The term "annuity" refers to a series of fixed payments that are either received or paid out by an individual. Annuity payments are typically fixed both in terms of the dollar amount of funds paid and the length of time the funds are paid, although there may be exceptions to this pattern in certain annuity contracts. Both the ordinary annuity and annuity due are common annuity types.
When an annuity due is paid, the payment covers a payment period that occurs after the payment is made. This leaves the annuity due to be commonly described as a payment occurring at the beginning of a pay period. Any fixed payment for a service or property that occurs before a service period begins is an example of an annuity due payment. Common applications include rent payments, telephone service through certain companies and insurance premiums.
The payment on an ordinary annuity occurs after the payment period has elapsed or at the end of the pay period. Most installment loans can be classified as ordinary annuities, as can the coupon payments associated with straight bonds. Mortgages with the first payment due a month after the initial loan date are one of the most common example of an ordinary annuity.
Despite the separate applications of the annuity due and ordinary annuity, calculating both the present and future value of an annuity due requires the ordinary annuity as part of the formula. Because of this, the present and future value of an annuity due remains slightly greater than the value of an ordinary annuity subject to the same payments, interest and financing time period until the last payment occurs.
An ordinary annuity and annuity due subject to the same payments, interest and payment period would yield the same total payment at the end of the final payment period, since the ordinary annuity would have a final end-of-month payment after the annuity due's last beginning-of-the-month payment. Since cash-in-hand is considered a better option in financial terms, the annuity due becomes a more attractive option than the ordinary annuity with its delayed first payment.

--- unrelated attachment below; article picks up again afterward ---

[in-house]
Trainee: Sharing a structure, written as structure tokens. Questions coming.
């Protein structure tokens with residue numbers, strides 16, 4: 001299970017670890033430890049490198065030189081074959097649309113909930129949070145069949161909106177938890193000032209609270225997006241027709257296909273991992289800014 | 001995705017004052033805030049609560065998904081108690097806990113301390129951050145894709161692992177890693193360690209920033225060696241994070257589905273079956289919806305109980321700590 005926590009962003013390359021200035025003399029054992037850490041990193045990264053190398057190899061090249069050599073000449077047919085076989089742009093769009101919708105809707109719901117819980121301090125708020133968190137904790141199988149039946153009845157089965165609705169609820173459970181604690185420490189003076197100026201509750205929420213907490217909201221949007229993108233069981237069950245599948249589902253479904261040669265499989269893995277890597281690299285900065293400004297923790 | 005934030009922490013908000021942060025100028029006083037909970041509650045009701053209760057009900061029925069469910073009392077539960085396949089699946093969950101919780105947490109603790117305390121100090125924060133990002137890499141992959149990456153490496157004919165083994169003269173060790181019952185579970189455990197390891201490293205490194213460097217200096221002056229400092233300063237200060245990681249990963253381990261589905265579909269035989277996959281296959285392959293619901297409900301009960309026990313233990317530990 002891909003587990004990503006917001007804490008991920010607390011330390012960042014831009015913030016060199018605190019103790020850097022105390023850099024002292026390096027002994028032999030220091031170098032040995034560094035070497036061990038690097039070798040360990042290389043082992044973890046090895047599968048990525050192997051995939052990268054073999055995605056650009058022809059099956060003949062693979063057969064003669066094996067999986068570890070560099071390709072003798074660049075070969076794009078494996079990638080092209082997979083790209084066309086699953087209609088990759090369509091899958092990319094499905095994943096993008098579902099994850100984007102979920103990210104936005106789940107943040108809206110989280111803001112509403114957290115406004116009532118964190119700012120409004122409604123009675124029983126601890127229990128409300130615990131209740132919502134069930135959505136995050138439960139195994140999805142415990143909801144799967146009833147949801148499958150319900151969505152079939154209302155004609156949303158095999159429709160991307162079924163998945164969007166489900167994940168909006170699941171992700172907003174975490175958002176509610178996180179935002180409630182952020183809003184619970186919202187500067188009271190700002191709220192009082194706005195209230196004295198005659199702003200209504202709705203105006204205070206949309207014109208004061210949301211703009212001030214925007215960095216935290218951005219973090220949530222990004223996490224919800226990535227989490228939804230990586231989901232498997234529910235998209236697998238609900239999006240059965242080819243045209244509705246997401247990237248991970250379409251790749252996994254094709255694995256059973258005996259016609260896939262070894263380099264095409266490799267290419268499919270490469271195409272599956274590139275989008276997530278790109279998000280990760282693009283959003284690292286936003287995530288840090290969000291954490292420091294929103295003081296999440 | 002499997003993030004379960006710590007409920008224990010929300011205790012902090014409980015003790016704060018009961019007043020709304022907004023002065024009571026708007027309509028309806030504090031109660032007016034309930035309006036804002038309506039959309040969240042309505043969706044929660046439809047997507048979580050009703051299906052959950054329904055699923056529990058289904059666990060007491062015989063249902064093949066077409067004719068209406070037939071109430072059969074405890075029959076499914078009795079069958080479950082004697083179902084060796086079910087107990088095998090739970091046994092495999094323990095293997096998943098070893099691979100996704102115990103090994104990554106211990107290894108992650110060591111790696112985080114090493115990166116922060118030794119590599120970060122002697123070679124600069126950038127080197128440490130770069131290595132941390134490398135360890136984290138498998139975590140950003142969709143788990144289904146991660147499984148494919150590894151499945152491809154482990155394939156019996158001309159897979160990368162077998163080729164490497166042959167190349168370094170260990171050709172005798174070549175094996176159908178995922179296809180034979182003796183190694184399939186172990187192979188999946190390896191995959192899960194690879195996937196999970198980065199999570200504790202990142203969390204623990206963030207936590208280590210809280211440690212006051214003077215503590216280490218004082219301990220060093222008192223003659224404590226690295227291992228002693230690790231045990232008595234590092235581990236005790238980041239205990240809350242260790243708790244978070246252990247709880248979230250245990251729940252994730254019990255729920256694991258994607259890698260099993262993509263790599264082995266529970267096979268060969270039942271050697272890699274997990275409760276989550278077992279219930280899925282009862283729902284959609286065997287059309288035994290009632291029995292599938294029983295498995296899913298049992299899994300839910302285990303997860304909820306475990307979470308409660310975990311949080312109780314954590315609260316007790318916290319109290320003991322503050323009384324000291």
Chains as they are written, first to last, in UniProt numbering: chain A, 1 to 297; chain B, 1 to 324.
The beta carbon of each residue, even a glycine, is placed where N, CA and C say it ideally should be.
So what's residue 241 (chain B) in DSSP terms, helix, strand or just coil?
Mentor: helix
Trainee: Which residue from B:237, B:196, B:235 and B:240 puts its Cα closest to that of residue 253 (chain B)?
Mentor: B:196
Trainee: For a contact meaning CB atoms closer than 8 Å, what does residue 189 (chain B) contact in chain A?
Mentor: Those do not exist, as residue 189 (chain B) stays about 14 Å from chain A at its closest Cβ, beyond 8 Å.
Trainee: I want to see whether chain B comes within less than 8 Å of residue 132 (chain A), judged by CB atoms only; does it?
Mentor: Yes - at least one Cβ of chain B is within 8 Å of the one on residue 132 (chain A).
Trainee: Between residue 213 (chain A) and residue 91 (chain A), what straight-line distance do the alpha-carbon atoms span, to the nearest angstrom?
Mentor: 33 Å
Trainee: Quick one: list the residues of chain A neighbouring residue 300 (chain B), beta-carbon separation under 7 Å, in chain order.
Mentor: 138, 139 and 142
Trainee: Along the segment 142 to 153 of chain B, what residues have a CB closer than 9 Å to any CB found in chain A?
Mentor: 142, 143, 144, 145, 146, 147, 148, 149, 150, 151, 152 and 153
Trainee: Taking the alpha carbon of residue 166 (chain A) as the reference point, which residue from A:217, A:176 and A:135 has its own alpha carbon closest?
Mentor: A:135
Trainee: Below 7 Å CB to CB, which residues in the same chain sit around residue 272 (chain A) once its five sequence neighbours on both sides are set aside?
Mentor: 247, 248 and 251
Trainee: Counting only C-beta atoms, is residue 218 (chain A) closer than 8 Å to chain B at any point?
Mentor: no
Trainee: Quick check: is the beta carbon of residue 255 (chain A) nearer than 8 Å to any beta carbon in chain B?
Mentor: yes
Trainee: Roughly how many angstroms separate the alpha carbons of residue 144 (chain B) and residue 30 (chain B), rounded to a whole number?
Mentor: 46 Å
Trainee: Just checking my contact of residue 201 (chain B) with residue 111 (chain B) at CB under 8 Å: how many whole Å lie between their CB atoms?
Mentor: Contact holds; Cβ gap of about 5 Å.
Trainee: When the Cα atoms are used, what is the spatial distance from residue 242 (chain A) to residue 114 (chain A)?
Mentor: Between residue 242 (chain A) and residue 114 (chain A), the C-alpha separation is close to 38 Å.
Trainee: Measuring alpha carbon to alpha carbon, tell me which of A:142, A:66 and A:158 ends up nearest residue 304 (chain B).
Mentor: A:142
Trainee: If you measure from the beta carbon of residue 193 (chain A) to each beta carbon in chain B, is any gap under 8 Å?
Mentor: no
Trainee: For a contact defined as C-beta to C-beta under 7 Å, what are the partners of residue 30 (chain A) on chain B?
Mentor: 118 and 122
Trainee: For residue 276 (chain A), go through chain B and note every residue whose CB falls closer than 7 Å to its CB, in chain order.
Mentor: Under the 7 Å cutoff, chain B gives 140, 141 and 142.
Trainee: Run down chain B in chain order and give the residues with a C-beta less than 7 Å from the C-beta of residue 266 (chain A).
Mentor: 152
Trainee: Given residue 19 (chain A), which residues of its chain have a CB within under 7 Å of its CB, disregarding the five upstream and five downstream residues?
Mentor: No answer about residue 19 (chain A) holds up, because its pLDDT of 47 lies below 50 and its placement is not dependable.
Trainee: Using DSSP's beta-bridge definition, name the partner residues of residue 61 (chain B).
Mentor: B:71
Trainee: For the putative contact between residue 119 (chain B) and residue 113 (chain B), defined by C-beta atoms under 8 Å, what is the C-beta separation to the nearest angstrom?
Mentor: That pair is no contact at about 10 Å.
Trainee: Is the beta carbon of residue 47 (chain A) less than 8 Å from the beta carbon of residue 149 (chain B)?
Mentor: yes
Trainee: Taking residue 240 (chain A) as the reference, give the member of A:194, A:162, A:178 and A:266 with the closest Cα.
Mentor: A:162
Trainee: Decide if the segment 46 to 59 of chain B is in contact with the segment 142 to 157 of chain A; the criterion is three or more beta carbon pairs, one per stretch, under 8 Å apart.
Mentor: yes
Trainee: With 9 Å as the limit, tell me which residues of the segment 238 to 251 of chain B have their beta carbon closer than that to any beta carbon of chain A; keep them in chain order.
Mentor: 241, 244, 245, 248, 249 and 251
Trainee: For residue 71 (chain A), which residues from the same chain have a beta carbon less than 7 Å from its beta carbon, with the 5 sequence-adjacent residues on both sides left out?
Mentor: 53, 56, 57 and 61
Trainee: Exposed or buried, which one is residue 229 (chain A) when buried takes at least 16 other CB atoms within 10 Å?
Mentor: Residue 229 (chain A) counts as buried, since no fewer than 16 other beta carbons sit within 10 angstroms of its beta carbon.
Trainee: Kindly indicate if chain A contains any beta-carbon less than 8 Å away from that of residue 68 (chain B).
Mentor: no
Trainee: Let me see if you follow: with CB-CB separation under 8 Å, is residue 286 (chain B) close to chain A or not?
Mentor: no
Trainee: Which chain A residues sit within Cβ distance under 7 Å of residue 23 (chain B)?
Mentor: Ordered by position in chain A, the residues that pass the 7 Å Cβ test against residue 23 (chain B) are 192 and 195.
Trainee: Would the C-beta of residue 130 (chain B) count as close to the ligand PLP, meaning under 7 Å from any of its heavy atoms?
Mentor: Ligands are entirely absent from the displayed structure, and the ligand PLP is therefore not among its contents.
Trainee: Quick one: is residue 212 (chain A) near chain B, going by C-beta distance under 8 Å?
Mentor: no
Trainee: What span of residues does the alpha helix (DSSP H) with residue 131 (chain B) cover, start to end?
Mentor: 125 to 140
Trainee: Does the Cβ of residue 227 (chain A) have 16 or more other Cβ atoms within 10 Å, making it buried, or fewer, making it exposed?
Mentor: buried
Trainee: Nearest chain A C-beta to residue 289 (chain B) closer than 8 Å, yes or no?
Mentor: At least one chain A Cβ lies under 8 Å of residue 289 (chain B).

For individuals who plan to use annuities to supplement Social Security benefits or other pensions later in life, the ordinary annuity and annuity due offer different advantages. The first-of-the-month payment of the annuity due provides faster access to cash when retirement occurs and would allow the retiree to immediately begin gaining interest on funds contributed prior to the disbursement period. However, the ordinary annuity is not restricted to an end-of-month start-up. If a competitive interest rate offered on an ordinary annuity could change in the immediate future, you may opt to set up the fund and then schedule your first contribution for the end of the first period. This allows you to grab the competitive interest while securing the end-of-month contribution preferred. If you put funds in multiple annuities, you may choose to opt for a mixture of ordinary annuities and annuities due in order to receive funds at the beginning and end of the month in addition to the regular payment of your Social Security benefits or pension payments.